Only when we the people stop voting. As long as we continue to delegate our power to government, government will use that power against us.

John (Stephens), I hear you, but I feel like the gun-owner’s case has been undermined by two issues.  First, there’s the fight to protect the idea as a need to hunt or secure the home, rather than depriving government (or a wealthy corporation) the monopoly on force.  Second, there are private security companies that own and use all sorts of weapons, so it’s clearly possible if difficult to get permission.

It’s not an argument I want to get into, because I do support weapon ownership (even though I don’t want one, myself) specifically because I don’t trust a monopoly on force.  Odds are, I go further than you do, in fact.

David, the problem is that the enforcers are (a) irrelevant and (b) trained and paid to deal with these sorts of problems peaceably.  The latter is obvious, but the former needs explanation:  The cops and other security officers involved are following orders while probably sympathizing with the protest itself (city cops ain’t in the 1%—suburban cops just thirty miles away might be, though).  It’s best to assume that any attacks on authority are using the cops as proxies because they’re standing there and following orders, but the anger is directed at the captains on up to Ray Kelly and their counterparts.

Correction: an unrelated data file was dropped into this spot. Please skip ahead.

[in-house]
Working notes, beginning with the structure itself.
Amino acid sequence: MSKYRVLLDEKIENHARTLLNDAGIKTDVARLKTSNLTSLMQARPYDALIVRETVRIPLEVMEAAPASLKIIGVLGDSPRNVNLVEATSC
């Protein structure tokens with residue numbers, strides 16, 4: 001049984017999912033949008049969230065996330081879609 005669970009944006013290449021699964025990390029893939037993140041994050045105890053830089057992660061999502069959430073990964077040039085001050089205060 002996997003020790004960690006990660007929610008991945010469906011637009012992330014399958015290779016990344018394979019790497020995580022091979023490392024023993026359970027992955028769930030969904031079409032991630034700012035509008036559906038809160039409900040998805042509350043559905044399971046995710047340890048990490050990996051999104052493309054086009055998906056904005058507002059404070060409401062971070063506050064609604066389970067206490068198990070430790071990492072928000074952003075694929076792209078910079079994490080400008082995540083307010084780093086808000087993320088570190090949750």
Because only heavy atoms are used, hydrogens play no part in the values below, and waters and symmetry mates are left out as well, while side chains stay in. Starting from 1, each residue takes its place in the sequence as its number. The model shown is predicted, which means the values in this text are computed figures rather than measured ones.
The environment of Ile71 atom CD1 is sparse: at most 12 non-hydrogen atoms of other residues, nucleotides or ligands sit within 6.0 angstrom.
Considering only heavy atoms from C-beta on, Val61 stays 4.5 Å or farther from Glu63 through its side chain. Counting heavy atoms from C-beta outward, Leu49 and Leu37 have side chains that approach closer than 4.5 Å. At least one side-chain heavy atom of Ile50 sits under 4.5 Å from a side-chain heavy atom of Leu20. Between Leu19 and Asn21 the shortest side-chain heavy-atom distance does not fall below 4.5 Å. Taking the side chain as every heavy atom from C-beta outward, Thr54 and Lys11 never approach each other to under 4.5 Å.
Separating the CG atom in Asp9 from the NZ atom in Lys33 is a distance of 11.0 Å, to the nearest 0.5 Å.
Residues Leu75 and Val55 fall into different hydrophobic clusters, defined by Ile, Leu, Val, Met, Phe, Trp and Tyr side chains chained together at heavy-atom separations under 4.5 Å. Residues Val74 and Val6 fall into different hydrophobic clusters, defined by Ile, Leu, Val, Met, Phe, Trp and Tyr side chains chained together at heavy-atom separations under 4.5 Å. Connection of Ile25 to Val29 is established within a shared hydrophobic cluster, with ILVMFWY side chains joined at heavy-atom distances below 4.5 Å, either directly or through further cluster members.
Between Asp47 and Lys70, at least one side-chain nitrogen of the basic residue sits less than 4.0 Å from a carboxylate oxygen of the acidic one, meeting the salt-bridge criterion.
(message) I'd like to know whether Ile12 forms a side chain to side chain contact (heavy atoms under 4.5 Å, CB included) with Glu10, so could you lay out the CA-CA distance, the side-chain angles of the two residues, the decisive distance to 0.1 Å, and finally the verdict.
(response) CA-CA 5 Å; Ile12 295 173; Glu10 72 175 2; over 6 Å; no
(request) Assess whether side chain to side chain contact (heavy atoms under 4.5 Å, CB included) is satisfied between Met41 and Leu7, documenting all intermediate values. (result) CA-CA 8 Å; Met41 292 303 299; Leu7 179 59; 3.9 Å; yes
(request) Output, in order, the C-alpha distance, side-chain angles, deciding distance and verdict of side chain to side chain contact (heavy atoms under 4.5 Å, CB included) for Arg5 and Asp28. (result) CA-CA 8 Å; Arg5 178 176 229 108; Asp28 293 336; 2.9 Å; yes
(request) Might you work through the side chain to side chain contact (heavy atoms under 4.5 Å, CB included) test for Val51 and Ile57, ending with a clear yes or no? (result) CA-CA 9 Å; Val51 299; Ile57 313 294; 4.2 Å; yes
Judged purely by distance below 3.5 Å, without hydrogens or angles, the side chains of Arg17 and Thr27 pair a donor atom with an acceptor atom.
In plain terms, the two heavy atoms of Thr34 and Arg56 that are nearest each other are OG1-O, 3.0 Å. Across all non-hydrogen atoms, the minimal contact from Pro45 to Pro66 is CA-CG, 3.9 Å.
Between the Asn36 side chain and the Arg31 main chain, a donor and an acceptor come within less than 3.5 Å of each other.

Art, the law doesn’t change, but it’s up to the judiciary (including or in association with the cops, depending on your definitions) to interpret things, to determine if the broken laws are more important to enforce than our freedom.  Blocking traffic in a part of the world where traffic is blocked routinely isn’t going to get you hauled away.  Relieving yourself in public view might.  Pickpocketing probably will.  Violence definitely will.

Think of it like self-defense.  Killing is always illegal, but the courts aren’t likely to convict you if your victim was about to kill you.  And because they understand that, in a clear enough case, the cops might bend the rules and not bother to book you because they know that.

it is interesting to see how many people don’t care for the bill of rights.

it isn’t an option. if you don’t like the rights - which by nature are not *privileges,* the difference of which i think some of you are not getting - then you can move to another country where all free speech is suppressed by the government.

to the ones who commented about accommodating private use of streets, stores, parks, etc. - you do not have a *right* to shop. that is a decision on your part. yes, it may be a necessity, but that *does not* make it a right. you are apparently confused between the two.

as to the person who requested personal information with which to harass individuals to make his point: read the first amendment again. it says the GOVERNMENT cannot abridge your right to free speech. private people can. private citizens enjoy the *right* to privacy. this is also why the government should not be able to tell a person what they can and cannot do in their bedrooms or with their bodies, unless what they are doing is quashing the rights of another living entity. your rights stop where someone else’s begin.